Associated Health Risks
Recent studies have shown that your blood type could be directly related to several severe health risks, such as blood clots, heart disease or even certain types of cancer. Although you cannot change your blood type, you can make lifestyle changes to better your odds when it comes to these conditions. That means sticking to a healthy diet, exercising regularly and using preventative services, such as scheduling screenings and check-ups.
One of the most critical reasons to know your blood type is so that a doctor knows what blood to give you during surgery or a medical emergency. While the majority of hospitals can get blood quickly, it is imperative to know whether or not you have a rare blood type. That way you can store it for future use. Schedule an appointment through your regular physician, order an at-home test or donate blood at your nearest American Red Cross location to find out your blood type and be prepared in case of a medical emergency.
Donating Your Blood
No matter what your blood type is, knowing means you can donate to people in need. Often times, donation organizations will make a public announcement when there is a blood type shortage. Even if there isn’t a shortage, donating has been proven to be beneficial, creating more balanced iron levels in your body and even increasing your lifespan. So whether you’re in group A, B, AB or O, know that each type is needed for saving your life or the life of another.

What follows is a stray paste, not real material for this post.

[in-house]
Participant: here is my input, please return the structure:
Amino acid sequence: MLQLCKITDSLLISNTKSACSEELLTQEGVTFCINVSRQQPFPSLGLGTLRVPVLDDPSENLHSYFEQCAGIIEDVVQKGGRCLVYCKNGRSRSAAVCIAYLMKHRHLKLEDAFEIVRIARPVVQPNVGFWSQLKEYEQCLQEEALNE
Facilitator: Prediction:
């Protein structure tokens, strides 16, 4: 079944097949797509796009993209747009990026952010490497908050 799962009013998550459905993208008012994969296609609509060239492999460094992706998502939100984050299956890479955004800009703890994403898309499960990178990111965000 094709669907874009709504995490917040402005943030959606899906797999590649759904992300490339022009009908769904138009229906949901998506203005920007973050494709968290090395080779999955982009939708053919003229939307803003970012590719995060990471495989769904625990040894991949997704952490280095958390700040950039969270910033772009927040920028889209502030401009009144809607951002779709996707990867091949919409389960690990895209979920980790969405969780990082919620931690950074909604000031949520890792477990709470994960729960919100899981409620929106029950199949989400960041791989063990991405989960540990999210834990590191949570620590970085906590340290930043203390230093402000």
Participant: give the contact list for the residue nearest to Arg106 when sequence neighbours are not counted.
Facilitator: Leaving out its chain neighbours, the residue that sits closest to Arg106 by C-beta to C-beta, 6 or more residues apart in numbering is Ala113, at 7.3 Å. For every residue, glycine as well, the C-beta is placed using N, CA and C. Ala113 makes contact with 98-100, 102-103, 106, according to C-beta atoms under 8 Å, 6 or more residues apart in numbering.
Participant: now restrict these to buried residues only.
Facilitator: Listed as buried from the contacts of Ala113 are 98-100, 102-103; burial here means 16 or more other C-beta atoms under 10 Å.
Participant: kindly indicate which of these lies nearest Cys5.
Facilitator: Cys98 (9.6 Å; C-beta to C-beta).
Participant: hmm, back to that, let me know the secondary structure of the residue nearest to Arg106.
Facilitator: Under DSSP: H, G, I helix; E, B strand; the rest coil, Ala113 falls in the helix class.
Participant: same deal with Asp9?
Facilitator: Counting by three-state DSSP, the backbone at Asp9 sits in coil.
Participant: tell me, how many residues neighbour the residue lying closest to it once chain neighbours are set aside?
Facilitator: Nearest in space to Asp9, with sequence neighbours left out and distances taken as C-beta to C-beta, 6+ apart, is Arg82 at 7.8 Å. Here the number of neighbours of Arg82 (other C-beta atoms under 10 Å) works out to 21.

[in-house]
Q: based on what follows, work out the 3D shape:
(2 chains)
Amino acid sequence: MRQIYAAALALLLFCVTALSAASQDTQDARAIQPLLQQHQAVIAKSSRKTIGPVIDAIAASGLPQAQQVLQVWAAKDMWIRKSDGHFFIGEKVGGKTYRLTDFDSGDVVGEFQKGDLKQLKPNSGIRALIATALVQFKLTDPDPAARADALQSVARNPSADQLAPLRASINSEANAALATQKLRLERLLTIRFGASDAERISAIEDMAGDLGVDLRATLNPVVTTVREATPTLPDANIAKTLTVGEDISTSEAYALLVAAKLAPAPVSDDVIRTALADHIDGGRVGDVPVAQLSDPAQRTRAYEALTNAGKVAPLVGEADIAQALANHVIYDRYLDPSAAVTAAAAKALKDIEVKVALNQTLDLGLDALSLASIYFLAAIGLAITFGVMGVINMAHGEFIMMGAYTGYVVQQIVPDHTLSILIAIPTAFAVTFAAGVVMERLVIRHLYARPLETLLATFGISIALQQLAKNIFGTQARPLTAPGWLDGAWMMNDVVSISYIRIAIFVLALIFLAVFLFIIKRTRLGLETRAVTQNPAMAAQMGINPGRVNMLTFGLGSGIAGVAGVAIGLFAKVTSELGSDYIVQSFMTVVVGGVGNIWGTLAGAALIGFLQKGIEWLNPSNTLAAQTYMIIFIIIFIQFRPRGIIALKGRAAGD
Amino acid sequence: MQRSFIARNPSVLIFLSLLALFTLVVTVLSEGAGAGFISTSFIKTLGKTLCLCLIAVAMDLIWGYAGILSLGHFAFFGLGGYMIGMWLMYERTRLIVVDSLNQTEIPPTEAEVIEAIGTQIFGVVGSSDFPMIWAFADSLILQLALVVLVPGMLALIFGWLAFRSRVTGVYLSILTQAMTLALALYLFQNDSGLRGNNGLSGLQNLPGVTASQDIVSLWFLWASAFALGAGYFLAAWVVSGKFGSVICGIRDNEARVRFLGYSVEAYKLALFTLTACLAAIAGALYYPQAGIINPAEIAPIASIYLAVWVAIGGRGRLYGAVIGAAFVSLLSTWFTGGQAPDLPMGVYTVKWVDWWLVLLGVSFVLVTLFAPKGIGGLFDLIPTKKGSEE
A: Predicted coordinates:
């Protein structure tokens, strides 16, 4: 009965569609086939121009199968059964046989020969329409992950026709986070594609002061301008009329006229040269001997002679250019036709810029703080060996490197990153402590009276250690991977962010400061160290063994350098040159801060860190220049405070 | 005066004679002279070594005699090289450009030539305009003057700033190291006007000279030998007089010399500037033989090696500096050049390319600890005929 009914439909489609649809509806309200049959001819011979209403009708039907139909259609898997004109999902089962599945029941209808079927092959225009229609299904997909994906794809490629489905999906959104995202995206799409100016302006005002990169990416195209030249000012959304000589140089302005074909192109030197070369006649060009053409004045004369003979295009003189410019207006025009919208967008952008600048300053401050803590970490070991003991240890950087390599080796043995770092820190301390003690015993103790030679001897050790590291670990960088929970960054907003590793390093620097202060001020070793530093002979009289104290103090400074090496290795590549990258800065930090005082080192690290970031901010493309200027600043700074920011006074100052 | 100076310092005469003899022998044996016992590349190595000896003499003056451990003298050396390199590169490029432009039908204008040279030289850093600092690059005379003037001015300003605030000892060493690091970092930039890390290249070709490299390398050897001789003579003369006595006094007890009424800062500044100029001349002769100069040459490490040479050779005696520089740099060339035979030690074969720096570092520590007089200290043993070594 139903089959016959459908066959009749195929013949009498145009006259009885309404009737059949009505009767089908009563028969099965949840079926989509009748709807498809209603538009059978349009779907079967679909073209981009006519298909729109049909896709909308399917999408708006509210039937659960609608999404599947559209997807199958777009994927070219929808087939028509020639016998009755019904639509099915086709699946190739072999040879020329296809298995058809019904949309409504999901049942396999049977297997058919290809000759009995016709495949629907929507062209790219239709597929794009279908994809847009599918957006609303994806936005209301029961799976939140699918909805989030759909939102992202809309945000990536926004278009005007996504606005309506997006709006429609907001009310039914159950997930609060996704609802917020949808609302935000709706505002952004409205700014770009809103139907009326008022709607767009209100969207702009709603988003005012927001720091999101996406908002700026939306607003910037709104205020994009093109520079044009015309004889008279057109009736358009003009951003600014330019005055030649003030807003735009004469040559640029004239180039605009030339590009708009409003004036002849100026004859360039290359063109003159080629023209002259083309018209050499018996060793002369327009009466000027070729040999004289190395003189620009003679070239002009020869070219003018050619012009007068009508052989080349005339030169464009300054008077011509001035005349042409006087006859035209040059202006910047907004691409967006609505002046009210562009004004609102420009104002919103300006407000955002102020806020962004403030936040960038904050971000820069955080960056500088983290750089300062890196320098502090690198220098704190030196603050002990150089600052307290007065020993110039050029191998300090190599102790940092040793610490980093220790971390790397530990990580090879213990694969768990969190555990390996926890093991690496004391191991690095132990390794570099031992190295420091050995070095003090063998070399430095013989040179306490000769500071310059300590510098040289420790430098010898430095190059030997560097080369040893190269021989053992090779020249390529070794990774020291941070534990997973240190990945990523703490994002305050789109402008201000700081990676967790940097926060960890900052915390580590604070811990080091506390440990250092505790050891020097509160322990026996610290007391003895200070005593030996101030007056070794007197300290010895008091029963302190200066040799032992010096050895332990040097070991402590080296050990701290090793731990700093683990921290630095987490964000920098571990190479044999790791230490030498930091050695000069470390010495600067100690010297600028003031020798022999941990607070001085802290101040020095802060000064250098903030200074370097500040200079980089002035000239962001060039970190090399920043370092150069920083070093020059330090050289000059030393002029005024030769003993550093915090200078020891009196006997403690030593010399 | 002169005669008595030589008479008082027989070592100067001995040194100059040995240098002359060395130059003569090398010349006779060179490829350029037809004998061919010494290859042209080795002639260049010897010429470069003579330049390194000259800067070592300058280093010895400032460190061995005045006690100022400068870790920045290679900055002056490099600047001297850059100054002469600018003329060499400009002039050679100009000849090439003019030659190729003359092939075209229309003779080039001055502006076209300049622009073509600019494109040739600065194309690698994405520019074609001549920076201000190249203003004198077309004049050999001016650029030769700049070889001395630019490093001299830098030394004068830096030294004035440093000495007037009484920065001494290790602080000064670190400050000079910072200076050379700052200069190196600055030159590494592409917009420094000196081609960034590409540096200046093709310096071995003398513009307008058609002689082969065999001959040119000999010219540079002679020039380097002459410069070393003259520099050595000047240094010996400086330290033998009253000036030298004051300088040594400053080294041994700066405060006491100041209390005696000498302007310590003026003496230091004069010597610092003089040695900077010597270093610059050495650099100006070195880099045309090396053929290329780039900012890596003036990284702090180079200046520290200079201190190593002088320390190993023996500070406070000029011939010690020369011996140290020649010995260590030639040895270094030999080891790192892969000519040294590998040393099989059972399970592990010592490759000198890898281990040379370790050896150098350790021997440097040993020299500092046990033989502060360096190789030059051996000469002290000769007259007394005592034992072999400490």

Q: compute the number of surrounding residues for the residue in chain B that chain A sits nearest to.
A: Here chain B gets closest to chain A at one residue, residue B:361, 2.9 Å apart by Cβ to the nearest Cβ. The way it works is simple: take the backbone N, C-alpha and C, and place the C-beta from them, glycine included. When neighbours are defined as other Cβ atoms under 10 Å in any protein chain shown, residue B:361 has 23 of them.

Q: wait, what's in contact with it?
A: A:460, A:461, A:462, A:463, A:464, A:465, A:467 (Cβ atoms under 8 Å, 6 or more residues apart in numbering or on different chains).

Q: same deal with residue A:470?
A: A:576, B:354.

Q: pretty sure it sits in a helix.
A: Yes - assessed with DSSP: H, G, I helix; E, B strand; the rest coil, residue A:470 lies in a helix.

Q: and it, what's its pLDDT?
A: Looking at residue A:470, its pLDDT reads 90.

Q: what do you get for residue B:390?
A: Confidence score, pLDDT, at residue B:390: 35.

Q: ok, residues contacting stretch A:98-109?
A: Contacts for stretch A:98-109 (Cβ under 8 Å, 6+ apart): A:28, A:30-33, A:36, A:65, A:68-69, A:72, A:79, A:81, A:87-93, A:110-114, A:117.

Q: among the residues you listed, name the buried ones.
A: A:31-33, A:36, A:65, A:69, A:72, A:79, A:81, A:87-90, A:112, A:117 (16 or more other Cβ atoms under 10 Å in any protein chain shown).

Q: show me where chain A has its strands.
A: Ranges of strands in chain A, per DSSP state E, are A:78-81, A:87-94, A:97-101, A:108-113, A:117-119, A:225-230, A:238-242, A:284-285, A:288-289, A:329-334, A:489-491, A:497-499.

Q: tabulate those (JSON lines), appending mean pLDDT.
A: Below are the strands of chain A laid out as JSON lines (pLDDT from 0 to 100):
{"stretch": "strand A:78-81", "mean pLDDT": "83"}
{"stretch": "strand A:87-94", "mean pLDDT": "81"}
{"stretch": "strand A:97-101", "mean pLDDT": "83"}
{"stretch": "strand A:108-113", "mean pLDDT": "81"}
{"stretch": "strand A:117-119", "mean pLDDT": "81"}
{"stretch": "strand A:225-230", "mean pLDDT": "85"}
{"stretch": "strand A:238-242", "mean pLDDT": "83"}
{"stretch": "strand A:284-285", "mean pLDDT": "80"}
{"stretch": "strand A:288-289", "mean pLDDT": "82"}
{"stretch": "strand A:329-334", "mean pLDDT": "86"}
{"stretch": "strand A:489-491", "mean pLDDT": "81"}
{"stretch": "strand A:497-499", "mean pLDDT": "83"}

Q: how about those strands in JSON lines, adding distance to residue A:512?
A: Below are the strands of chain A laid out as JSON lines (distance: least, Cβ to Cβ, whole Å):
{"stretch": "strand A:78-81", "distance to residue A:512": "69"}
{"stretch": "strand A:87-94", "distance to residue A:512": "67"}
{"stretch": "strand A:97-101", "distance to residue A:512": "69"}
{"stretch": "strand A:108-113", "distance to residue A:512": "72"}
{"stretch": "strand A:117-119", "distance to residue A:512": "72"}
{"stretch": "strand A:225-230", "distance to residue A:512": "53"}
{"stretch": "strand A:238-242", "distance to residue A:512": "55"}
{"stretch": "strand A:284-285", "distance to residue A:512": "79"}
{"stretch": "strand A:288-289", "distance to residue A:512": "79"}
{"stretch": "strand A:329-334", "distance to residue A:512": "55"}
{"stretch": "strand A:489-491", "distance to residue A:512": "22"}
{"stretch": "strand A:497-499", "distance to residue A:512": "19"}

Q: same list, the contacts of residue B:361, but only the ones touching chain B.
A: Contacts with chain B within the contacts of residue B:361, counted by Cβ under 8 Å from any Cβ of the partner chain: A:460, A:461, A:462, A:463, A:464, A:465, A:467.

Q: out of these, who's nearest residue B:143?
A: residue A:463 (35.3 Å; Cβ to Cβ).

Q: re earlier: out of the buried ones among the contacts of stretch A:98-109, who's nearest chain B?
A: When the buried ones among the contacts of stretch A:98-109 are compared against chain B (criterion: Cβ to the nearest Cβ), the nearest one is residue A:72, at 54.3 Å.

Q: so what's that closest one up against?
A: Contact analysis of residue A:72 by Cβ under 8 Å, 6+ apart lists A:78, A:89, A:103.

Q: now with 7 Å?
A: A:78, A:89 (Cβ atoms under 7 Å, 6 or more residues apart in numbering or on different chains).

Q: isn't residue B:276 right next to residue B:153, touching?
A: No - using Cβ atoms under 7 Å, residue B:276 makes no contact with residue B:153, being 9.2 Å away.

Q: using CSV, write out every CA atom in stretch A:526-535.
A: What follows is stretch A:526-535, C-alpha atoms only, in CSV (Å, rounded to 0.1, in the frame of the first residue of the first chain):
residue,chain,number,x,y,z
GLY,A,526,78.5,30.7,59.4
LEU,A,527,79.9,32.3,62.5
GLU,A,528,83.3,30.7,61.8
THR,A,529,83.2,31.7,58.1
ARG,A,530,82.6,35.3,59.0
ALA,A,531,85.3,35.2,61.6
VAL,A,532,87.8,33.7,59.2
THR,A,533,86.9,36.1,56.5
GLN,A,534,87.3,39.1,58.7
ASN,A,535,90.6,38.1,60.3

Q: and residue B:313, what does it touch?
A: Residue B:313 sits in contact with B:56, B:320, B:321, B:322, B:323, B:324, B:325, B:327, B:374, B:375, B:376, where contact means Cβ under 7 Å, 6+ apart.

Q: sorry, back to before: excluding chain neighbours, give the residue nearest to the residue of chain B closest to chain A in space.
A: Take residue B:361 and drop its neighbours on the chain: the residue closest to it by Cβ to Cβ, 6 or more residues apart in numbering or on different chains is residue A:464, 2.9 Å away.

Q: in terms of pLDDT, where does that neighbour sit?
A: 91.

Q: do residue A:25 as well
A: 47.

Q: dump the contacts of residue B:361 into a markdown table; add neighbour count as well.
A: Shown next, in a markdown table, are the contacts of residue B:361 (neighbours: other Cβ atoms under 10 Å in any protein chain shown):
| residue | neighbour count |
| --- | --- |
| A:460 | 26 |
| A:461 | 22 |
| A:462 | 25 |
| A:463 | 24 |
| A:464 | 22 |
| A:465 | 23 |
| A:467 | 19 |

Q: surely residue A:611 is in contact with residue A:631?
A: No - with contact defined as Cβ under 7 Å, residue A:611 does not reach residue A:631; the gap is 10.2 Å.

Lab services, testing and preventative screenings are covered within the 10 Essential Health Benefits in your health insurance plan. If you currently do not have health insurance, certain qualifying life events (QLE) may make you eligible for a special enrollment period. QLE’s are life-changing events such as job loss, income change, marriage/divorce and birth/adoption of a child to name a few. Nevada Health Link is here to answer any of your questions. Email us at CustomerserviceNVHL@exchange.nv.gov.